The point is: Bigger isn’t always better. Smaller is not always always better either; separation and secession are rarely a solution. We are, however, always better together, in free association, open communication and at peace with one another -- always, and in every way.
Freedom and Association
A body politic is a kind of corporation, especially if it’s a city or a town. Like other collective endeavours, cities and towns were either formed voluntarily and intentionally, usually with a charter from one authority or another to legitimize their existence, or acquired at some point by conquest, claim or purchase by an aggrandizing force, imperial, colonial, national or corporate.
It is when freedom, self-determination and democracy become part of the picture, as is the case when anything is done voluntarily and deliberately in any body politic, that things get complicated. Amalgamation is something done to, not by a corporate body. When there’s a measure of freedom allowed (which I’m not sure there is when municipalities are considered “creatures” of provincial authority), the process becomes joining, associating or merging.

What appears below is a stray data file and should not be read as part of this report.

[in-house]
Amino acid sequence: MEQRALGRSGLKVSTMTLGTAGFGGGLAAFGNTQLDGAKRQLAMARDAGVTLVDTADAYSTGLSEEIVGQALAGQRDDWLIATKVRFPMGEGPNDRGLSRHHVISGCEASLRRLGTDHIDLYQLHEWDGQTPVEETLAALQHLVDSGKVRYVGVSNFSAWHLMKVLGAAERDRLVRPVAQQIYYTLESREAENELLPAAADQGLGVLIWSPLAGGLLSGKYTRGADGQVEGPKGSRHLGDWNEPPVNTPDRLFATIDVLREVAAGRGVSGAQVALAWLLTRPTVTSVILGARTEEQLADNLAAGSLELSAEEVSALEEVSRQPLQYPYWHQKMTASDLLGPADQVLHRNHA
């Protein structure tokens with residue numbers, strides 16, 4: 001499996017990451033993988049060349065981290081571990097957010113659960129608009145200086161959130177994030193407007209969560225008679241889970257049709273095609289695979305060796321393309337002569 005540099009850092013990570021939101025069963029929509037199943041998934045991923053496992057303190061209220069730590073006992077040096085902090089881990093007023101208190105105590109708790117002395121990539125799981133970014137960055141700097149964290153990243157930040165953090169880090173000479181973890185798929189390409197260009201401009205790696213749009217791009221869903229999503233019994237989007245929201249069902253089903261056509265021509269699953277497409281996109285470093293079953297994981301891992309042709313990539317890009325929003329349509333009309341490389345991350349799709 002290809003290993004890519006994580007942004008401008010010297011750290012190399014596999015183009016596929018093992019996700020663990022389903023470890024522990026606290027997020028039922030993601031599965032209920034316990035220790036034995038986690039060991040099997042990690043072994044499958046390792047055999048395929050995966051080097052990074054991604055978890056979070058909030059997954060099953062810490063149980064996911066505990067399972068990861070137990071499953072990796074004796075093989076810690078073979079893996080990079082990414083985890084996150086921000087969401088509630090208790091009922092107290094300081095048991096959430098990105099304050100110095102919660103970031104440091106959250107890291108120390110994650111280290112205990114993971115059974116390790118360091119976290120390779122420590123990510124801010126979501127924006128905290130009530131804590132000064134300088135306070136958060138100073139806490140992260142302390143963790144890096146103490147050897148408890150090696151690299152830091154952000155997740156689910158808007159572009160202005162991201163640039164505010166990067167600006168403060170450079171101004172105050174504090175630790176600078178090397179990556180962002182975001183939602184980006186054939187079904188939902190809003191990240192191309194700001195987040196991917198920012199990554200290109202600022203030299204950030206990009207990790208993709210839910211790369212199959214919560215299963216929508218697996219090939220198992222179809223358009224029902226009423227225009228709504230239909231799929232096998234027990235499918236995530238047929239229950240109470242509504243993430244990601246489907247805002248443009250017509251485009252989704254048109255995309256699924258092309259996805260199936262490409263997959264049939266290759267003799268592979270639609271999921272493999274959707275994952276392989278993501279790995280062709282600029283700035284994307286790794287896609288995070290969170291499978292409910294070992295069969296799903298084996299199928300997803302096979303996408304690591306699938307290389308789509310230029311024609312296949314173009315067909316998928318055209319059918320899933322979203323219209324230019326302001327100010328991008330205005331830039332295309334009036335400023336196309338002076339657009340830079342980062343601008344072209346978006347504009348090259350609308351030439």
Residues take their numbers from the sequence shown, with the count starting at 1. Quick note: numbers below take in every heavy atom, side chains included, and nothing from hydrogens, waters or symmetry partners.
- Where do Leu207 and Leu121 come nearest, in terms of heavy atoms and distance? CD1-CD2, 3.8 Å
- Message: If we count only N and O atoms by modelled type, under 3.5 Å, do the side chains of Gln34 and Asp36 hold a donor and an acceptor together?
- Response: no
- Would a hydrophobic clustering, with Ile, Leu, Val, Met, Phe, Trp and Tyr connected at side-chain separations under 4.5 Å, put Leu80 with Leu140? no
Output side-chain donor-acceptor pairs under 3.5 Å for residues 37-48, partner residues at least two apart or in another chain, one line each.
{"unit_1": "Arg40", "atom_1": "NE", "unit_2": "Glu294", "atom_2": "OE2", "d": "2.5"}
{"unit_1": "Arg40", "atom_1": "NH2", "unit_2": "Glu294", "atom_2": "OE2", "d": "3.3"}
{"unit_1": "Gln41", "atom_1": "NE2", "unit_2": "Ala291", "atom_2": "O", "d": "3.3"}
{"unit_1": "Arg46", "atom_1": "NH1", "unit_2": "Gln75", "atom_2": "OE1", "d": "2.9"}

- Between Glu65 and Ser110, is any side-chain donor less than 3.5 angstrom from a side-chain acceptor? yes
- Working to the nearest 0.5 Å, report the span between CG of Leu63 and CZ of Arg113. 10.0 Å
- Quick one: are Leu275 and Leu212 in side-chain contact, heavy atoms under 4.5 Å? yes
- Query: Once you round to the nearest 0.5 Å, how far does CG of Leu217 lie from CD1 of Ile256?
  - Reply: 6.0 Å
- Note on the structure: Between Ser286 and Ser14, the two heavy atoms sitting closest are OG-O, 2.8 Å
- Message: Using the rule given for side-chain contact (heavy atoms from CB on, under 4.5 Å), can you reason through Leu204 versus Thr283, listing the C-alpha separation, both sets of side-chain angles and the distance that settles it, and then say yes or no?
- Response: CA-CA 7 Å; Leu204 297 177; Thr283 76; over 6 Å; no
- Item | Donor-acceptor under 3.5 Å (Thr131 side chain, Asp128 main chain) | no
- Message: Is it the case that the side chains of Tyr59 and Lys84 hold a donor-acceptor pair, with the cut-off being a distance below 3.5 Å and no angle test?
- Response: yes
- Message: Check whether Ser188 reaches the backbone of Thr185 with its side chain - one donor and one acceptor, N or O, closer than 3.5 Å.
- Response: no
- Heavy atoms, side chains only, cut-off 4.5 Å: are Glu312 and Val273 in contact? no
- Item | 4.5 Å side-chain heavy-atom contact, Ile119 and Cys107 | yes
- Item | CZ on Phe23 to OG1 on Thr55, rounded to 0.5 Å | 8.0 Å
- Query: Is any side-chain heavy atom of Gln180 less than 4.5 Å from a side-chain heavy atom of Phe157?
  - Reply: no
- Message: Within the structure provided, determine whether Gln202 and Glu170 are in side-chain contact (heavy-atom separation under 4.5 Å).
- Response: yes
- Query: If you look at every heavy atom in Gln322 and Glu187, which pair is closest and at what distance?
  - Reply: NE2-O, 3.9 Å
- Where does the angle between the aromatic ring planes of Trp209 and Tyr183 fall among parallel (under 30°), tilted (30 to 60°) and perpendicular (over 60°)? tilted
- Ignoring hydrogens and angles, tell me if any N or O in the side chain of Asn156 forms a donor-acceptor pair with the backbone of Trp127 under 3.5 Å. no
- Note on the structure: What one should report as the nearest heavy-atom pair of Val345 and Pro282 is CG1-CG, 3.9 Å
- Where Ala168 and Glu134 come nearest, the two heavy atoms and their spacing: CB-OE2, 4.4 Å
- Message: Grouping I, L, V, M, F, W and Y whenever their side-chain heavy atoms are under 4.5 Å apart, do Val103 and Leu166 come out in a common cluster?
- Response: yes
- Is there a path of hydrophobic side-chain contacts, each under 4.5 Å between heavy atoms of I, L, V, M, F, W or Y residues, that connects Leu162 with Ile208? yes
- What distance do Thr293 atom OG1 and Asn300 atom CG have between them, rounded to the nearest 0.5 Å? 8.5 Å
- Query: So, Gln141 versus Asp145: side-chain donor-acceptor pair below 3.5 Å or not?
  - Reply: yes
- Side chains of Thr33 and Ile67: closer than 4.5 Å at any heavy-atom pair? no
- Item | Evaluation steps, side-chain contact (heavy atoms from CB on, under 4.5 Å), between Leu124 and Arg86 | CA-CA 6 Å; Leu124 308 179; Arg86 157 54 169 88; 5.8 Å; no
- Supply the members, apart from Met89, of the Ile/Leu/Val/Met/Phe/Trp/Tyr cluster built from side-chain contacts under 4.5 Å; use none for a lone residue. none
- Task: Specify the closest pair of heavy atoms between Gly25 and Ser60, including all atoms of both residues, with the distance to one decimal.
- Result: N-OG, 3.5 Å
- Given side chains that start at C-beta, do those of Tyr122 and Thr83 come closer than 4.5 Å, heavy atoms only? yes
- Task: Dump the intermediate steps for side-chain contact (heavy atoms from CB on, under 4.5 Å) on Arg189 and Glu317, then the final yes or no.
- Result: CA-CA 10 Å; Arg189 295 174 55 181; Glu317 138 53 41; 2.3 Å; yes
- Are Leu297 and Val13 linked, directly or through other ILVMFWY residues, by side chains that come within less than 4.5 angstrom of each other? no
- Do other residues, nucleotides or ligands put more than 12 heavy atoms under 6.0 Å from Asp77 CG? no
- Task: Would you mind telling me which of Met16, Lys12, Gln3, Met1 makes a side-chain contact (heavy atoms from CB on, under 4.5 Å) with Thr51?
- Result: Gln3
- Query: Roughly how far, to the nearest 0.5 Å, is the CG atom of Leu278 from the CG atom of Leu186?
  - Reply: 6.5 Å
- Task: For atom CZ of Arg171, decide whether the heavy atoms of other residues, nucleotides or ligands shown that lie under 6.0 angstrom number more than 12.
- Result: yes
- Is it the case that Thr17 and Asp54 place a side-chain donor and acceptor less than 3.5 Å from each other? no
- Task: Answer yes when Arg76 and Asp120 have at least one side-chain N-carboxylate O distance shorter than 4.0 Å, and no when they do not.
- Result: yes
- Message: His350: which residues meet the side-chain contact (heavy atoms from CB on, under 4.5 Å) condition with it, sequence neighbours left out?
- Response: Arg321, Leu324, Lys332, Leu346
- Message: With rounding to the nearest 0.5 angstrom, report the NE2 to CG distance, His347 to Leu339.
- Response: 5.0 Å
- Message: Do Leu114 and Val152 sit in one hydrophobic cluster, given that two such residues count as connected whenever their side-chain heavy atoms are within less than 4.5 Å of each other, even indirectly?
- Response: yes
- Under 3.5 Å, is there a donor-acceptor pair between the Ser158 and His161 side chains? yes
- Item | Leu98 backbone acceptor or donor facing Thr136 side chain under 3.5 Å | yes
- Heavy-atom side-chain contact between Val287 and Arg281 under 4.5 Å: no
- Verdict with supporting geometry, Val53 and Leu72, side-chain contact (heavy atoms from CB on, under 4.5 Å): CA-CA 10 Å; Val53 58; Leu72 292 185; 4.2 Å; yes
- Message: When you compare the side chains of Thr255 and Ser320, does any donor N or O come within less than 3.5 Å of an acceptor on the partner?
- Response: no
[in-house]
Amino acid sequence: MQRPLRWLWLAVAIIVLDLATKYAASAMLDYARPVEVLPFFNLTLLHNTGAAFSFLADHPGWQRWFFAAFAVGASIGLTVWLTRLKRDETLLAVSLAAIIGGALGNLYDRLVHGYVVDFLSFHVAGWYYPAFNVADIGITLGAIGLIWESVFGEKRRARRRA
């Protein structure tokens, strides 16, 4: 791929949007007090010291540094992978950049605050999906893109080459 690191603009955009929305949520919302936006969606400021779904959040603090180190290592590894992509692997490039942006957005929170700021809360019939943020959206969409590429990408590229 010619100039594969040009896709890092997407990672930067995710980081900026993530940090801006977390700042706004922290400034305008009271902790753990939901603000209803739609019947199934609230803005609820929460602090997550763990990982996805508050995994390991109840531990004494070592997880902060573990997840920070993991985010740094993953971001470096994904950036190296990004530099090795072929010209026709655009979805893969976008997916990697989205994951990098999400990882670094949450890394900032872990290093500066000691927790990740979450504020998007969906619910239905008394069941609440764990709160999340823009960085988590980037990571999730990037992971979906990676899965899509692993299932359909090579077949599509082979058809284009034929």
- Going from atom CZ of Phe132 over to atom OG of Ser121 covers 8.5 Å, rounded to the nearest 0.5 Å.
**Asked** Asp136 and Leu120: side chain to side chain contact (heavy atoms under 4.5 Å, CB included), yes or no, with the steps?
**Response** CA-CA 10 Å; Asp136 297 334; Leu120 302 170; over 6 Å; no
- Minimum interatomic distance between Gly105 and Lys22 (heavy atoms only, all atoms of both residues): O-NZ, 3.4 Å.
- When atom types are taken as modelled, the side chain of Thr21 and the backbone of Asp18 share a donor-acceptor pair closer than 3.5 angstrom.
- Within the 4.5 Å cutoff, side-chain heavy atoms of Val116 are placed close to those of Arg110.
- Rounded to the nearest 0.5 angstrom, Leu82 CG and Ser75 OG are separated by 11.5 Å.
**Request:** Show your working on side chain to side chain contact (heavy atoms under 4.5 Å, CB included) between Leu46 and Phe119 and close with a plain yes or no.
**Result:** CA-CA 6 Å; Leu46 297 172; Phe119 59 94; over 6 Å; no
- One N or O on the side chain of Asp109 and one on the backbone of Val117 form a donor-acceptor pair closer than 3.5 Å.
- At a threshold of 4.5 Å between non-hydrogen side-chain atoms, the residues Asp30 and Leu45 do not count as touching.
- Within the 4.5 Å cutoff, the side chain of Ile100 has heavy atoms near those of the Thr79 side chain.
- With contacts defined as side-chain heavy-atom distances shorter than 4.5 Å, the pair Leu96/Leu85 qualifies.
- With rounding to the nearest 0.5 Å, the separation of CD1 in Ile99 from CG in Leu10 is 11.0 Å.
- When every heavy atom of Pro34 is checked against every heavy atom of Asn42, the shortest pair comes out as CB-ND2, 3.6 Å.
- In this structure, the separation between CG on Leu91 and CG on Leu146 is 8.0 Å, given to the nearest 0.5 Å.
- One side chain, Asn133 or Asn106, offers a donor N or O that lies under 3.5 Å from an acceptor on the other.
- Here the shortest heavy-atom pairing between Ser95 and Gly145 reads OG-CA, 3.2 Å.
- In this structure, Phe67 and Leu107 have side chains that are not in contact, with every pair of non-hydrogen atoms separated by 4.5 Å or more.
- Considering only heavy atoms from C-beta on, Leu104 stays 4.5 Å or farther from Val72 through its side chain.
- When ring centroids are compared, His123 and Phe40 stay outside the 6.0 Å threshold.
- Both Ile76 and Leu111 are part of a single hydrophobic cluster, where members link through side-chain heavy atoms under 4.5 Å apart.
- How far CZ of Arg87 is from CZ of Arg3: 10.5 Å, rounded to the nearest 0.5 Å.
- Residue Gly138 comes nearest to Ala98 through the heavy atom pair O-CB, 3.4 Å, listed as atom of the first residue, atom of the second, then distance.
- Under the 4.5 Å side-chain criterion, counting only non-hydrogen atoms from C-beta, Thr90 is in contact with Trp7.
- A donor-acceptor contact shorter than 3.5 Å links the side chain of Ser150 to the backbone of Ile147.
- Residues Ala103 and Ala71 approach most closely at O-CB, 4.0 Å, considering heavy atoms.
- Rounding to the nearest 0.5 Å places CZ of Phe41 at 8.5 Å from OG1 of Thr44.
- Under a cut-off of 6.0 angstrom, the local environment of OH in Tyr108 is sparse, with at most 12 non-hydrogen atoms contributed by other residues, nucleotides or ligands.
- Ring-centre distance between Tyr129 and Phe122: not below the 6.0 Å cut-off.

Ontario’s cities all began with a form of separation, usually from the province-colony’s original county matrix. The process is analogous to the life cycle: a crossroads settlement or village is like an embryo; becoming a town is being born. City status is reaching adulthood. The difference is that a corporate existence, properly maintained, can go on forever, while a creature made of flesh and blood is mortal.